FRANKENMUTH, Mich. — Nobody knew the vice president was coming until he showed up at a family-style restaurant in town.
Weaving his way through lunch hour at the fried chicken hot spot Zehnder’s, Mike Pence could have been mistaken for just another 2020 hopeful, someone who believes every handshake and polite conversation might become the vote that delivers victory on primary day.
Except this wasn’t Iowa or New Hampshire and Pence isn’t running for president — at least not yet.
Pence aides and allies insist his sole focus for the year ahead is helping Trump secure a second term in the White House. That means his schedule for the next 11 months will look much like it did on Dec. 18, when the vice president rode a campaign RV through Saginaw County — a majority white area in mid-Michigan that Trump captured by just over 1 percent in 2016 — and made unannounced visits to Zehnder’s and an indoor Christmas market along the way.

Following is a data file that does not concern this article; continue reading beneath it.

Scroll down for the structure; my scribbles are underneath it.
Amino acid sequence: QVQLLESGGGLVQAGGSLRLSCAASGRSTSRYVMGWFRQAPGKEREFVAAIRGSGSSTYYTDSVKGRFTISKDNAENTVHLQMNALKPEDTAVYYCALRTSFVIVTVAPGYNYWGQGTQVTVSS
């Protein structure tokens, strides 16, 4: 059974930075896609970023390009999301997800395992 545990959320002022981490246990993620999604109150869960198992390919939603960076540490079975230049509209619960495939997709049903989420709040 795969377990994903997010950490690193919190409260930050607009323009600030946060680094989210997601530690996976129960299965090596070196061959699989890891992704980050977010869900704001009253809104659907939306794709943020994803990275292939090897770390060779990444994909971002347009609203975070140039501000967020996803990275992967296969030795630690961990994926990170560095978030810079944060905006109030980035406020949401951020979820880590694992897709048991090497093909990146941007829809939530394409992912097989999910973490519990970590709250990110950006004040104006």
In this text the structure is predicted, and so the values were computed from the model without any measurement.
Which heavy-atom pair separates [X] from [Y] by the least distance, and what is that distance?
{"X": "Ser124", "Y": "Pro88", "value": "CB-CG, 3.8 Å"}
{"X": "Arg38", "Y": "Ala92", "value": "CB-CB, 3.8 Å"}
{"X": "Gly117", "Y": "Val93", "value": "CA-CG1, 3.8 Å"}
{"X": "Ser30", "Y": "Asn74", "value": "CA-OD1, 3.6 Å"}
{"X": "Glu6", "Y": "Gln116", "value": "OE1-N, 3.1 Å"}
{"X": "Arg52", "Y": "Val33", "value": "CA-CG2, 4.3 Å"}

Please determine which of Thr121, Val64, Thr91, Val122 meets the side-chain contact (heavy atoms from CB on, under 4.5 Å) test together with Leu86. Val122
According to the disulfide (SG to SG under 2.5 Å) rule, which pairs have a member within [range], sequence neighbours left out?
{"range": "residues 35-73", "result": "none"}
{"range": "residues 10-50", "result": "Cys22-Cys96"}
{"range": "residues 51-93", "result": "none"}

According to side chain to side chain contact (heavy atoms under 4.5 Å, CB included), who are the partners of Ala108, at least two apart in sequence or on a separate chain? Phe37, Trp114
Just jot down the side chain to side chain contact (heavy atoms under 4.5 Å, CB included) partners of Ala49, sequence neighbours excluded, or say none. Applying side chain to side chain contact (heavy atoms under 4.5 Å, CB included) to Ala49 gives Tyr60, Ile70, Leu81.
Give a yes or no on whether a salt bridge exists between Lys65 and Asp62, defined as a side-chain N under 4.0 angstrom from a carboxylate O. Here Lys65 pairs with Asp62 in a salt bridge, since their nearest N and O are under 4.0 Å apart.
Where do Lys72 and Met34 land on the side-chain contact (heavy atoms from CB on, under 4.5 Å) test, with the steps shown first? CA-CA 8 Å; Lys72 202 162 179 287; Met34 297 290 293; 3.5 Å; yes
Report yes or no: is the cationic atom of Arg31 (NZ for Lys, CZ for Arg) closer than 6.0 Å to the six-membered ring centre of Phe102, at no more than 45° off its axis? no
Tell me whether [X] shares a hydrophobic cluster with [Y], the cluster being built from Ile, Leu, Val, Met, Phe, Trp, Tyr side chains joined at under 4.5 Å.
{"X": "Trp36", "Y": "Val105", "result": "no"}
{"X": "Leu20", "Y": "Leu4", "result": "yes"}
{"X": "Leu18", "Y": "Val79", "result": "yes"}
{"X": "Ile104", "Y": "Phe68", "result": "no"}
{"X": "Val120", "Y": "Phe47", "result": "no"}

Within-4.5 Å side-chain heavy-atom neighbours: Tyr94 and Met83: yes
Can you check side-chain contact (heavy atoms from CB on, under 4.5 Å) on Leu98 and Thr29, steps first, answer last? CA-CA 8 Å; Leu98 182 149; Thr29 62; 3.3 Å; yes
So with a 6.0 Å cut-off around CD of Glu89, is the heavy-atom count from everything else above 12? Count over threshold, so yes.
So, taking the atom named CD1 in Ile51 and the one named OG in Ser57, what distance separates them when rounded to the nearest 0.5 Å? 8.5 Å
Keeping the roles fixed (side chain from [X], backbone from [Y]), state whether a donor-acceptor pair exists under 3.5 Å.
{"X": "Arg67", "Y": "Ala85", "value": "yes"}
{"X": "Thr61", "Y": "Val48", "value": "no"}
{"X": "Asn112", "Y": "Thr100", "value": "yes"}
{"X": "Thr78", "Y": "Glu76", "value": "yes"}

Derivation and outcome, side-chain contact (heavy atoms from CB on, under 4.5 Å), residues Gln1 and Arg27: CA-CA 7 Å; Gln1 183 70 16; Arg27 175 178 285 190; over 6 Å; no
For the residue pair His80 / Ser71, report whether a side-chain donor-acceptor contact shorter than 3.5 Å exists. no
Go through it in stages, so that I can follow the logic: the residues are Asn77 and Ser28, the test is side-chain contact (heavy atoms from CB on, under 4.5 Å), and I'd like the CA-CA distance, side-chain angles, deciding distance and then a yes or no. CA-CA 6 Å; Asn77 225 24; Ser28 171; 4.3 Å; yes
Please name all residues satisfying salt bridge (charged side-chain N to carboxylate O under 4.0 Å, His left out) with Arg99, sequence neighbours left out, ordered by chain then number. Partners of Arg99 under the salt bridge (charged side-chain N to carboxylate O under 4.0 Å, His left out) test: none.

But the more Pence utilizes this particular campaign strategy — he’s “running for governor” in Michigan, Wisconsin and Pennsylvania, one of his aides recently said — the harder it becomes to distinguish between a vice president who is simply doing the pedestrian politicking his counterpart loathes, and one who is using this stage to prep for his own future presidential run.
It’s a difficult balancing act for Pence. His boss, Trump, has never liked subordinates to upstage him. Therefore, Pence must cast his handshake tour of key swing states as one conducted solely to Keep America Great in 2020, not to launch the Pence 2024 ticket.
“He’s clearly out there helping to set up his own bid,” said Tom LoBianco, author of “Piety and Power: Mike Pence and the taking of the White House,” adding that Pence doesn’t have to make a decision about 2024 for at least a couple more years, but “does have to keep laying the groundwork.”
It’s difficult to measure the utility of Pence’s old-school tactics for Trump’s 2020 campaign when the president regularly draws large and sizable media coverage for rallies scheduled on just a few days’ notice. Two hours away in Battle Creek, Mich., for example, thousands of Trump fans were already assembling outside Kellogg Arena for the president’s final rally of the year — spending hours in below-freezing temperatures to avoid the nosebleed seats — when Pence began his stump speech in a Saginaw hotel conference room filled with 250 supporters offering minimal applause.